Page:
As the research around the results of popular culture on teens is not conclusive, the predominance of popular culture in the current society certainly has some effect. Particularly, it affects the way in which teens think about themselves, the way they connect with other people, and just how they express qualities of the maturation.

Influences How Teens Define Themselves

An essential sign of every teenager’s maturation is her self-definition. Self-definition can be explained as how you see yourself. For teens, that image is affected to some large extent by personal options, that are, consequently, affected through the images and associations teens glean from popular culture every day. Although scientists disagree on precisely the extent of those influences – for instance, its not all teen that learns gangster rap self-defines like a gangster – scientists agree that popular culture has some effect on teenagers’ self-definition. Popular culture can offer benchmarks that teens pin themselves-definition. In by doing this, they see themselves take qualities in the various celebs and stimuli they see in popular culture. Lastly, self-definition could be inherently tied into self-esteem and confidence, two critical aspects of a proper disposition throughout maturation and into their adult years.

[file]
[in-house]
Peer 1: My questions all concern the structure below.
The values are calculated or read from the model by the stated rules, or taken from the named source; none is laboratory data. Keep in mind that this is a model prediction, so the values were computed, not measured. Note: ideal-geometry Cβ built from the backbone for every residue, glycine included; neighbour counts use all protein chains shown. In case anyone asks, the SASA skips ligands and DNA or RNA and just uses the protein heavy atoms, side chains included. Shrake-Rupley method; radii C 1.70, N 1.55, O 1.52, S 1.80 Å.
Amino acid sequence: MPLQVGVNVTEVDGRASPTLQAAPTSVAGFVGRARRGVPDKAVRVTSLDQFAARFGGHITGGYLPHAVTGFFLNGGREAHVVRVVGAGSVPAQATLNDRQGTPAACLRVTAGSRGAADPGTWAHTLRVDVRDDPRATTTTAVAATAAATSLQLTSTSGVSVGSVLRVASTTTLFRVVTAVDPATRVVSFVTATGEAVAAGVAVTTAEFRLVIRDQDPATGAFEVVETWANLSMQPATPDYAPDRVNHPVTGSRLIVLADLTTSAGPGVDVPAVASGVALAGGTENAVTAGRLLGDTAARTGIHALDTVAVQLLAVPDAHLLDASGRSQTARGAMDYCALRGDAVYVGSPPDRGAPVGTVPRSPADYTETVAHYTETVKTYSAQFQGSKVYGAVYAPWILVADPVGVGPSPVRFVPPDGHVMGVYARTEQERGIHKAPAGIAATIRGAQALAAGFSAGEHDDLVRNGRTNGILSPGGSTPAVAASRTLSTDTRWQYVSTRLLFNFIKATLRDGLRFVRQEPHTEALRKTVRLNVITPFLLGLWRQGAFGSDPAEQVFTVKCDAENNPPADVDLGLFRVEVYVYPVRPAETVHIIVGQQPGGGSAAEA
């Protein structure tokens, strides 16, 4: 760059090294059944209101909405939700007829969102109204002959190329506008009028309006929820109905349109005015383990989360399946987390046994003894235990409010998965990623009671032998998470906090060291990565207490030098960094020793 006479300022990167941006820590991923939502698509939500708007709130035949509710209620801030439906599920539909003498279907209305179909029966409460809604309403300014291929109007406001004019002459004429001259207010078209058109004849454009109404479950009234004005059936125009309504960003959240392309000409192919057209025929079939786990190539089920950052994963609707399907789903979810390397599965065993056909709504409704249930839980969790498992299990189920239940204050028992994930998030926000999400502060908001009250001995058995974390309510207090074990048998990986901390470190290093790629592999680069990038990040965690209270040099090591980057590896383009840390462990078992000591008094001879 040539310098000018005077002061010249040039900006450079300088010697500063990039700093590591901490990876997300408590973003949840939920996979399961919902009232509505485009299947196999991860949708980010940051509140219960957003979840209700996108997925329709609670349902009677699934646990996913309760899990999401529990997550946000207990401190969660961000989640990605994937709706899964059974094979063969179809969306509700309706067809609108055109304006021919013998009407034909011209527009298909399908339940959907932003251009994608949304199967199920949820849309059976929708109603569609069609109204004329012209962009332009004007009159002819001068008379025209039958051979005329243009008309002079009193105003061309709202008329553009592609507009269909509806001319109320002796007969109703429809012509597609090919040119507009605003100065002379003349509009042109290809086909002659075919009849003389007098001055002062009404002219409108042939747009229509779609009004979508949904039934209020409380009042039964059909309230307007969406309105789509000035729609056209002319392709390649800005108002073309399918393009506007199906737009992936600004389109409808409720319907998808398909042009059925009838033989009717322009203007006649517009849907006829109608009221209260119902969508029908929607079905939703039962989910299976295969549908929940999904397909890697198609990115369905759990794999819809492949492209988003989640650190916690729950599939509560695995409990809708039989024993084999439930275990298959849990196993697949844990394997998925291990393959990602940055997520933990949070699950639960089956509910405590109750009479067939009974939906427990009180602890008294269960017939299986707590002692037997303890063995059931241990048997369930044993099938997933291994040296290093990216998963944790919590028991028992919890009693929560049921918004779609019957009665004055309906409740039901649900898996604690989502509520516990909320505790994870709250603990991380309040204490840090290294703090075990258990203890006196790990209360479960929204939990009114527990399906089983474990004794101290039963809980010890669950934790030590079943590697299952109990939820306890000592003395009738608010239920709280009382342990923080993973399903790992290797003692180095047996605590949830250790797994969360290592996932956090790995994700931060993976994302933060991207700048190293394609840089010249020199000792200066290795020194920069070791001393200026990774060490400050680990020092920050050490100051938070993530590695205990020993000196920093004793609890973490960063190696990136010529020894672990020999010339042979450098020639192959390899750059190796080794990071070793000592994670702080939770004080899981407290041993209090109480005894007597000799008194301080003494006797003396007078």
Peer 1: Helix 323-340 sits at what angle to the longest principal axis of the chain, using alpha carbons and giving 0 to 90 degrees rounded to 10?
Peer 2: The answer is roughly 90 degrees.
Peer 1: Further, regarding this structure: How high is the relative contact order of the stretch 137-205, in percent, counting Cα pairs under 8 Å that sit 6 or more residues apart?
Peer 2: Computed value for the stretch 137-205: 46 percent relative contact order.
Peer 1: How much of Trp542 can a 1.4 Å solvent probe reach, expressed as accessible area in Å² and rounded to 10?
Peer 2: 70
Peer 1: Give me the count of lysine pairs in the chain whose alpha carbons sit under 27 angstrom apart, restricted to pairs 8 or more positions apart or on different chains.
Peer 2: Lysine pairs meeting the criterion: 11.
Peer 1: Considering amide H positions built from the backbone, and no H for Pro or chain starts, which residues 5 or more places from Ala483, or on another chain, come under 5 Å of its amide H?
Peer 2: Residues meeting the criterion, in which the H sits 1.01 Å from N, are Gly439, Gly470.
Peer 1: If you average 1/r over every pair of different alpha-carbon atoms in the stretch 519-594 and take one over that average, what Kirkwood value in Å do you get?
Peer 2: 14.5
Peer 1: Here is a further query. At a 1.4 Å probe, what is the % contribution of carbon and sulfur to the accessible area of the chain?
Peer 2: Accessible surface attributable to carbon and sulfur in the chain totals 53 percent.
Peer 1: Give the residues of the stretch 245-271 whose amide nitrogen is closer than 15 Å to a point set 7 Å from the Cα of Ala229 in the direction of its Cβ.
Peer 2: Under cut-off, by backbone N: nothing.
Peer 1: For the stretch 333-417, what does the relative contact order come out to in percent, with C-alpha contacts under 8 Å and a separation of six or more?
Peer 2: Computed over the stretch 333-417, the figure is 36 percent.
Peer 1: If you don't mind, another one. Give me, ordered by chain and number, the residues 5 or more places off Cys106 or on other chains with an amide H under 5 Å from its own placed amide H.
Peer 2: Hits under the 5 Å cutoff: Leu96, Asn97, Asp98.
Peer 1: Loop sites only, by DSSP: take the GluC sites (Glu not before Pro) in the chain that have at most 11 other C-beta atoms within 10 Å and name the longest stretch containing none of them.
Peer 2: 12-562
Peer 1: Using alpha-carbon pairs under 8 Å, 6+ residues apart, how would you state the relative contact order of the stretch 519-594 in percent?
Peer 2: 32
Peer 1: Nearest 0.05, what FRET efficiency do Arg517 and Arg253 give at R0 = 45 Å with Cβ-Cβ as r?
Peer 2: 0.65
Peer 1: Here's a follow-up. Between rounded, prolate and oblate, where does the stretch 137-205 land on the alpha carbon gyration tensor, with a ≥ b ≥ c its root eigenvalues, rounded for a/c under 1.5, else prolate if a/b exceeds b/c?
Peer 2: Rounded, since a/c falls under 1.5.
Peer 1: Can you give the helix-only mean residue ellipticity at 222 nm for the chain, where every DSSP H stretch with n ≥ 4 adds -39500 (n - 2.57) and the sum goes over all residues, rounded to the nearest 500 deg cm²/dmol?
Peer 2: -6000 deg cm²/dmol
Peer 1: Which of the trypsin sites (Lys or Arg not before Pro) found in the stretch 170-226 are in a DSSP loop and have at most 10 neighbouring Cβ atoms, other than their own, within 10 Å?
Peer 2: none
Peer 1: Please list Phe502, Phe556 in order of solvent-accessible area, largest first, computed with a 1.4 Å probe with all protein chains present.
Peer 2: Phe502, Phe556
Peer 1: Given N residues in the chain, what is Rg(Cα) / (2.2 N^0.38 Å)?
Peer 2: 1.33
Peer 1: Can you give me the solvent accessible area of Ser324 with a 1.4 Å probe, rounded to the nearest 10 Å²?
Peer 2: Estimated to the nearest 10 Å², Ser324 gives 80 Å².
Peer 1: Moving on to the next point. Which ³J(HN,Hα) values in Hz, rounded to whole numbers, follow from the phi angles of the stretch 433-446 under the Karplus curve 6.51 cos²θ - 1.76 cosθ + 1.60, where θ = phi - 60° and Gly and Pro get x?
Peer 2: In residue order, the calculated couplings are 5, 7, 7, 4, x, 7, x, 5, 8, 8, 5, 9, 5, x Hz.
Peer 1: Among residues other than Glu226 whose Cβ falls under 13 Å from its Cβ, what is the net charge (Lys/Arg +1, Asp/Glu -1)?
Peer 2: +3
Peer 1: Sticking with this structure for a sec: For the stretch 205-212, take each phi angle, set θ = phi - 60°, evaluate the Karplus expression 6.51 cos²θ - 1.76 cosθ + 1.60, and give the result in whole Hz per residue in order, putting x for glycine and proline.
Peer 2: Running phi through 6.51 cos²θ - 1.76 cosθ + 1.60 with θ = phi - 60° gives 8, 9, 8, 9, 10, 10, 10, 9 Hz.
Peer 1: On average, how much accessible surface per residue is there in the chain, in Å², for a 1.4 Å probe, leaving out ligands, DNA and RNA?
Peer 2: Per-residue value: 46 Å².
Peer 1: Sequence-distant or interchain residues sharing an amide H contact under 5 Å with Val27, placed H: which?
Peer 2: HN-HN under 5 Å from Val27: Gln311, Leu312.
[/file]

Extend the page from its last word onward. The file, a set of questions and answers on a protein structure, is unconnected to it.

Teens Want to Imitate Rock Stars

Most if not completely popular culture symbols extend their visibility beyond culture and into brands, that they sell via ads or items transporting their title. Teens who see, for instance, Jay-Z putting on his Rocawear label will then be affected to put on that label. Beyond fostering a particular amount of commercialism, these brands have associations in as well as themselves that tie into self-definition or social groups inside a teenager’s existence. Frequently, celebrity brands tie into an acceptance level among teens, so that some teens feel they have to possess a particular brand to be able to be recognized. Whilst not always dangerous, these sentiments can draw attention away from teens from key facets of their development.

Might Promote Violence

Kathleen O’Toole of Stanford College creates that studies have proven some male teens who pay attention to music promoting violence be “antagonistic.” However the evidence is nowhere near definitive. Not everyone who learns music or who plays game titles that advocate violence, entertains violent ideas. Still, evidence stands that violence in popular culture can have an impact and really should, therefore, be supervised by parents and censors. Teens who take part in violent facets of popular culture may be undertaking an average and never unhealthy need to be independent and outside of individuals who manage their lives.

MIght Promote Sexuality

Just like violence, the influence of sex in popular culture is apparent although not conclusive. Also just like violence, sometimes teenagers’ participation in sexual functions because they see in popular culture is definitely an expression of the natural maturation. However the sheer quantity of sexual imagery in popular culture can impact teens’ ideas toward sex, and teenagers who’re not mature enough to handle emotional and physical results of intercourse may go through potentially dangerous results of it in their teen many later in existence.